Steve McCaffery has referred to sound poetry as a “practice of freedom,” and indeed, much sound poetry is visceral and bombastic, utilizing–even extending–the full range of the voice. Sound poets often attempt to employ every vocal and buccal sound, from the most subtle glottalic consonants to the most explosive screams. There was no tempered restraint in Marinetti’s Futurist poetry, nor was there any holding back in Henri Chopin’s deafening audiopoems.
Gerhard Rühm’s poetry, however, is a much different case. His sound/concrete works often display an intentional withholding, a deliberately focused, disciplined practice of limitation and constraint. Most often, Rühm limits his material to just one or two items: a single vowel sound, two complementary phonemes, a single word. The results are poems which perhaps share more with minimalist sculpture than they do with most poetry. Like the monochromatic tile patterns of Carl Andre or Jo Baer’s empty wall boxes, Rühm’s poetry seems literally flat, so limited in material it seems practically empty.
Fig. 1. Carl Andre, Aluminum Square 8 (2008)
Take, for example, so lang wie möglich (1962). The poem requires the performer to simply sustain a single vowel (a) for “as long as possible” (the literal translation of the title), until the vocal cords are “completely dried up.” Or [ssssssssst] (1968), a concrete poem which consists of a small stream of “s”s gradually transforming into a smattering of “t”s. Both poems outline slow, almost purposeless transformations: from full sustained vowel to dried-up silent voice, from turbulent fricative to percussive stop, from barely something to almost nothing.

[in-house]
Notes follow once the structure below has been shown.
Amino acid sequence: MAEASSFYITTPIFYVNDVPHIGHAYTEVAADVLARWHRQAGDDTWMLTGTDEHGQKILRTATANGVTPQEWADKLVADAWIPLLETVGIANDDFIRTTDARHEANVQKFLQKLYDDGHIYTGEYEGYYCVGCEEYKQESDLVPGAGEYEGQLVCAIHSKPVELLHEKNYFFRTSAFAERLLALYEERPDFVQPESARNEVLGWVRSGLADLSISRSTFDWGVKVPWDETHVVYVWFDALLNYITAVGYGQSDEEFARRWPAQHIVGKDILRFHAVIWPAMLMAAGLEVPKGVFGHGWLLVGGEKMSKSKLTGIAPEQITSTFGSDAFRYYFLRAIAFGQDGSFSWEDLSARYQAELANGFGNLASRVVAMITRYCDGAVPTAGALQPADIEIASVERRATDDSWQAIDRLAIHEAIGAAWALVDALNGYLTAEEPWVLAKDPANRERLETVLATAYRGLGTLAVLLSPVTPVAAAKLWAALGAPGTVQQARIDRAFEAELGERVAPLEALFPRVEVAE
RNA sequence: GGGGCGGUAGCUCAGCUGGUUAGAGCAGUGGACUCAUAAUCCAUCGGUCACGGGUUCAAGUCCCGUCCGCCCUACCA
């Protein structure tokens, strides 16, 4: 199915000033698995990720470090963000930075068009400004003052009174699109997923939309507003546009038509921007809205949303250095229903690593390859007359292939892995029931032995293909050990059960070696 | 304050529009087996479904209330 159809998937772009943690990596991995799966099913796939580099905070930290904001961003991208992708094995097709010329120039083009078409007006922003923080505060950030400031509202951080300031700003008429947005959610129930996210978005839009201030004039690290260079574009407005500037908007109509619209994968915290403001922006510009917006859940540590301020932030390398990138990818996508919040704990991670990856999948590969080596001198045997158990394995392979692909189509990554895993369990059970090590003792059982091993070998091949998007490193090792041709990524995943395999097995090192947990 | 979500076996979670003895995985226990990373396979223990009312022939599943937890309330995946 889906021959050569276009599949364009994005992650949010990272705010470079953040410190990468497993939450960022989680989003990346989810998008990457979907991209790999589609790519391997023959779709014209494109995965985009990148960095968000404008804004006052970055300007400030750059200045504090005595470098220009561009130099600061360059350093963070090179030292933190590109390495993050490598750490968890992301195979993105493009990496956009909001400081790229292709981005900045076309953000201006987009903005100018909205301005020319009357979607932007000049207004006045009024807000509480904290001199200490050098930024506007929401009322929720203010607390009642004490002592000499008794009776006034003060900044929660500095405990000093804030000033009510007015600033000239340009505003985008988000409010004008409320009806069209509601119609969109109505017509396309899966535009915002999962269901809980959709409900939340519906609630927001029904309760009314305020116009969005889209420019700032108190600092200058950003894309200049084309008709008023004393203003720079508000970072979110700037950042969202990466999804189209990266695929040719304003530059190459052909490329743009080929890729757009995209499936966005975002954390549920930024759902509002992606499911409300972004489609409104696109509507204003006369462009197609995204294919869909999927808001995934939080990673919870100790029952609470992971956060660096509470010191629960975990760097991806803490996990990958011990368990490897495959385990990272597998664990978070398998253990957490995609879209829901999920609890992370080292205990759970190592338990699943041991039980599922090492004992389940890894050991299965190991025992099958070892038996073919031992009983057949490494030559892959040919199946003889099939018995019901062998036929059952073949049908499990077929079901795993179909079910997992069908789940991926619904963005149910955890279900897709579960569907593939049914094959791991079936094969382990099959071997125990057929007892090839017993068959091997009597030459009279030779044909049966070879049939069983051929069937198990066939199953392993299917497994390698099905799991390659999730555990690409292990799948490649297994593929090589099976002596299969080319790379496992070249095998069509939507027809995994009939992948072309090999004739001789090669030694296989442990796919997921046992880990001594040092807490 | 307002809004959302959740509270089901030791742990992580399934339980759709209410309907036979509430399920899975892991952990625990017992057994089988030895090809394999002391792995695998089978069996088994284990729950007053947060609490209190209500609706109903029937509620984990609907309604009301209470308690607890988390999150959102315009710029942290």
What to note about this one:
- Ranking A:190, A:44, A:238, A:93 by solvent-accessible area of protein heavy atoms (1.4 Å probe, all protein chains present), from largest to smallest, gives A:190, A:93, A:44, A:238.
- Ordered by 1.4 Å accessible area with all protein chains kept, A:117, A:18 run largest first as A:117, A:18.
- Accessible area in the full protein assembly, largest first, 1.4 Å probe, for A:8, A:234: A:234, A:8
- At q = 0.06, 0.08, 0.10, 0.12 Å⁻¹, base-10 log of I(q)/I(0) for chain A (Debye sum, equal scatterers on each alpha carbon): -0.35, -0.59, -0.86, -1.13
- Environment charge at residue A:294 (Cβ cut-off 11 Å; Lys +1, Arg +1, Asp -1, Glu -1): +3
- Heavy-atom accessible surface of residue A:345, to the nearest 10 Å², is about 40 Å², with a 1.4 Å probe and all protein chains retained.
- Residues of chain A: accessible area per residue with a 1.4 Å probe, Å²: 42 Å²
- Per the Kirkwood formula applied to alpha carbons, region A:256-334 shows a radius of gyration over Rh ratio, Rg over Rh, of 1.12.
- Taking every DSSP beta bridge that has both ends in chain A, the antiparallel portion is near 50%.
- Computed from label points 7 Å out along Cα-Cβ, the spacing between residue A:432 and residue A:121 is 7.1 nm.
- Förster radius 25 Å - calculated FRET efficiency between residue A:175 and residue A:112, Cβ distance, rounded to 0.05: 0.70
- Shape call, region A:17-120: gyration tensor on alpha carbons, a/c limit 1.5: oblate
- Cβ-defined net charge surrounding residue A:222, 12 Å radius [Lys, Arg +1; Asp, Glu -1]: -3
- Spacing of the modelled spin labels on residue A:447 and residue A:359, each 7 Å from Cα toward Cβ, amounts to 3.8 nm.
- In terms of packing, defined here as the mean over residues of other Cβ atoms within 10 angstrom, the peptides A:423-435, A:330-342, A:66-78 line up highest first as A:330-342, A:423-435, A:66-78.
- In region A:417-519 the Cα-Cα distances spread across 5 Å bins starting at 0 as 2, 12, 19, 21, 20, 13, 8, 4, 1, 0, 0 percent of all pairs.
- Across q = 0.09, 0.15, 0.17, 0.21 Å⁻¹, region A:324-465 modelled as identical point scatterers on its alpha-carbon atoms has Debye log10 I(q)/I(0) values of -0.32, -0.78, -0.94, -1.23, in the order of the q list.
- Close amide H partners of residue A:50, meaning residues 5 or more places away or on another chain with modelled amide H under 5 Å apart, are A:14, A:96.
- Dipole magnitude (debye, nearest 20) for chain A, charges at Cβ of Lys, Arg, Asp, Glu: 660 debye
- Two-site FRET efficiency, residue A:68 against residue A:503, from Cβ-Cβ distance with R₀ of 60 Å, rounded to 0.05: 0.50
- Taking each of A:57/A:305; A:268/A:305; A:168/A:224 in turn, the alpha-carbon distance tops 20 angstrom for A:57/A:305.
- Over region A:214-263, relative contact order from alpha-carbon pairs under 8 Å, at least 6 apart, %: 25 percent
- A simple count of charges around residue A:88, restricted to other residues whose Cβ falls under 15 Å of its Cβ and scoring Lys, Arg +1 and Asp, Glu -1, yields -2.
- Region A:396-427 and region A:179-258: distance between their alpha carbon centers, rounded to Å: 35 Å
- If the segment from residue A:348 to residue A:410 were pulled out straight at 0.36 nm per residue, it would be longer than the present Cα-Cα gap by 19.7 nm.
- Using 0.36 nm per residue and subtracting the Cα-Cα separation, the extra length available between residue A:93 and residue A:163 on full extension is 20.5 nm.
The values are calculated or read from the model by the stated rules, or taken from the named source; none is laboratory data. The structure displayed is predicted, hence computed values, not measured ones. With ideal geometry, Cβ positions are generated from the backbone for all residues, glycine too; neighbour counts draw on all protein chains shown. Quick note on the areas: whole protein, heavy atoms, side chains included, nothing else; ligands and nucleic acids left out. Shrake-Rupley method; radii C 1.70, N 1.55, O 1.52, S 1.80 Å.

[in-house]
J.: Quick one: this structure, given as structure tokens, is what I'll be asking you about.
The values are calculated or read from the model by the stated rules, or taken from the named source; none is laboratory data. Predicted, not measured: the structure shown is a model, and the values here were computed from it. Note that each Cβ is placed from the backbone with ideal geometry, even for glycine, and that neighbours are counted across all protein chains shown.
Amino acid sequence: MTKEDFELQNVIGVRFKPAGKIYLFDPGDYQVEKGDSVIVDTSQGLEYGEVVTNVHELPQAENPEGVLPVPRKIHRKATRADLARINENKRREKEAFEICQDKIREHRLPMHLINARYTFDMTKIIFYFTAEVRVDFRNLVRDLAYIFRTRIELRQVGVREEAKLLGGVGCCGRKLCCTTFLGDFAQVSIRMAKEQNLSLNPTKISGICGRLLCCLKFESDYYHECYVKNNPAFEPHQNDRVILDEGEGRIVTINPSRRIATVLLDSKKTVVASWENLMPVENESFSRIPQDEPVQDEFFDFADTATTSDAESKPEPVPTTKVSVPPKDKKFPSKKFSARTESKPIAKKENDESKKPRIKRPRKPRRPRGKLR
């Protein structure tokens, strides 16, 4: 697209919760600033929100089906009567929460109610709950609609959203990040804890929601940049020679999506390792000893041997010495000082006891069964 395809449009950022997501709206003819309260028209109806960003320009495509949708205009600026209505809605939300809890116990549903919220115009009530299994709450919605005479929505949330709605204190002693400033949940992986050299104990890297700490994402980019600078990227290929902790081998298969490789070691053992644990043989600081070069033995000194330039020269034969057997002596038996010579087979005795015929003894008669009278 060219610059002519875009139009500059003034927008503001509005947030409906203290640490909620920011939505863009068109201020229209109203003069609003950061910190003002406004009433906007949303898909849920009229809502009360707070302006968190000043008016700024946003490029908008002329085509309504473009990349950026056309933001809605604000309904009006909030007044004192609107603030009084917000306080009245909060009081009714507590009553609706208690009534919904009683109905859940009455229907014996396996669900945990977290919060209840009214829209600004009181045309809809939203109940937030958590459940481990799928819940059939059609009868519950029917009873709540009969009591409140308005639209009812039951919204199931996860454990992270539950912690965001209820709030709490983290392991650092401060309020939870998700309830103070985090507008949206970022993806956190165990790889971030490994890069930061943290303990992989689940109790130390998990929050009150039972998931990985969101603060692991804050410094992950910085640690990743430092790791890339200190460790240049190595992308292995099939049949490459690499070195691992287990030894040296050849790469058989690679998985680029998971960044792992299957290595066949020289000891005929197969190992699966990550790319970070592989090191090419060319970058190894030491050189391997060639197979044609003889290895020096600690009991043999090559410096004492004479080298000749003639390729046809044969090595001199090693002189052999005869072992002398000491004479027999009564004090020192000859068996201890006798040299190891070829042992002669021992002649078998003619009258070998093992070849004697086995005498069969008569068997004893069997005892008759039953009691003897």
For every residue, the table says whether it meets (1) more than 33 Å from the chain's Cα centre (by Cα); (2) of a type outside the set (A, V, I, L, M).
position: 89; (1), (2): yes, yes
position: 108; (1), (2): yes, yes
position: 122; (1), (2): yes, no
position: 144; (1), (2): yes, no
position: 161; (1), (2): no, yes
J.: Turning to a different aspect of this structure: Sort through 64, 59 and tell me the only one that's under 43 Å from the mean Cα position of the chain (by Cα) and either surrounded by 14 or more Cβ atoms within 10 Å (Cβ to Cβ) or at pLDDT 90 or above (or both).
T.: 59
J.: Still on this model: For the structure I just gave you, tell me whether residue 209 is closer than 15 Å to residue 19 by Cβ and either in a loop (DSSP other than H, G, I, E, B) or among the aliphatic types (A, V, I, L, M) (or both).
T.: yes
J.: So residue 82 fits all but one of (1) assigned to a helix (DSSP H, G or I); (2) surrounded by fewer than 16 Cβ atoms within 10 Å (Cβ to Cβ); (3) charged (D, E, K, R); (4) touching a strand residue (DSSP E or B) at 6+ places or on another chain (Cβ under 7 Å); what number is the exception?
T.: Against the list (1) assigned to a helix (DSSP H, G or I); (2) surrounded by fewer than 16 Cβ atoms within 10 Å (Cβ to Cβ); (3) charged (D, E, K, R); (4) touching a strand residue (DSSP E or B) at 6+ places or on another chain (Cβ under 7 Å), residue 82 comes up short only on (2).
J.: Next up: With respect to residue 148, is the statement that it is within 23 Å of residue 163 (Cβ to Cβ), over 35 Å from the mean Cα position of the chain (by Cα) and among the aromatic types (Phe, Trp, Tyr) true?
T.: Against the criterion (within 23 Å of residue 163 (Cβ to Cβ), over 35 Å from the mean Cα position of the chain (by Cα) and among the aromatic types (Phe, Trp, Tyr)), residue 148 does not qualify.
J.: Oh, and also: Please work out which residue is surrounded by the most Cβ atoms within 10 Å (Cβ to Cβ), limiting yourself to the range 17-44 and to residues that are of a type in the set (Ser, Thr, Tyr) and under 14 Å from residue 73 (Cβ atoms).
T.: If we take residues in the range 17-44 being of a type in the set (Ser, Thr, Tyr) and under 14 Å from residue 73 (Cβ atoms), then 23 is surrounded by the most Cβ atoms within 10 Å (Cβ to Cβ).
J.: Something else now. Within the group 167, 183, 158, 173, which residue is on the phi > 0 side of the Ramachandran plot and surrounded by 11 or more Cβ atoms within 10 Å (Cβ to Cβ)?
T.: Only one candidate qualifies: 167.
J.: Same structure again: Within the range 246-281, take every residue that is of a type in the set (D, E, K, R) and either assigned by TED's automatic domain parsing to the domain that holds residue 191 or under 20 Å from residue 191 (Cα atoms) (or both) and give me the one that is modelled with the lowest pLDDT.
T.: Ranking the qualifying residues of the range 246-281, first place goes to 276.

But perhaps the best example of Rühm’s flat poetic surfaces can be found in sehr (ca. 1960). The poem consists simply of 330 repetitions of the word “very,” organized on the page in a rectangular grid. The typographic redundancy plays tricks on the eyes–when looking at the poem, one is forced to look through a disorienting screen of illusory diagonals to see the text. While much minimal sound art can take on a mantric quality, sehr maintains its flatness when read aloud. The abstract simplicity of the word “very” prevents it from taking the listener to the meditative depths of Terry Riley or Philip Glass’s music. Instead, one just gets a beautiful plane, a meaningless repetition of a devastatingly simple, unadorned utterance.
Fig. 2. Gerhard Rühm, sehr (ca. 1960)
This two-dimensional surface is violently disrupted, however, by the poem’s final word, “small.” The hundreds of non-directional repetitions are suddenly and immediately recontextualized, as the listener realizes that each of the previous “very”s was part of a specific description of size. The poem becomes retroactively directional, meticulously tracing a route from from moderately little to infinitesimally nanoscopic, each “very” implying another layer of minuteness. However, while disruptive, the final “small” only reinforces the poem’s flatness. Imagine how different the poem would seem if the last word were “large,” or “loud,” or “long.” Instead, the idea of slightness, of insignificance is underlined. sehr is a string of adjectives describing an adjective, a gradual mining of a depth that is so shallow, it might as well be just a surface.
Fig. 3. Jo Baer, Primary Light Group: Red Green, Blue (1969)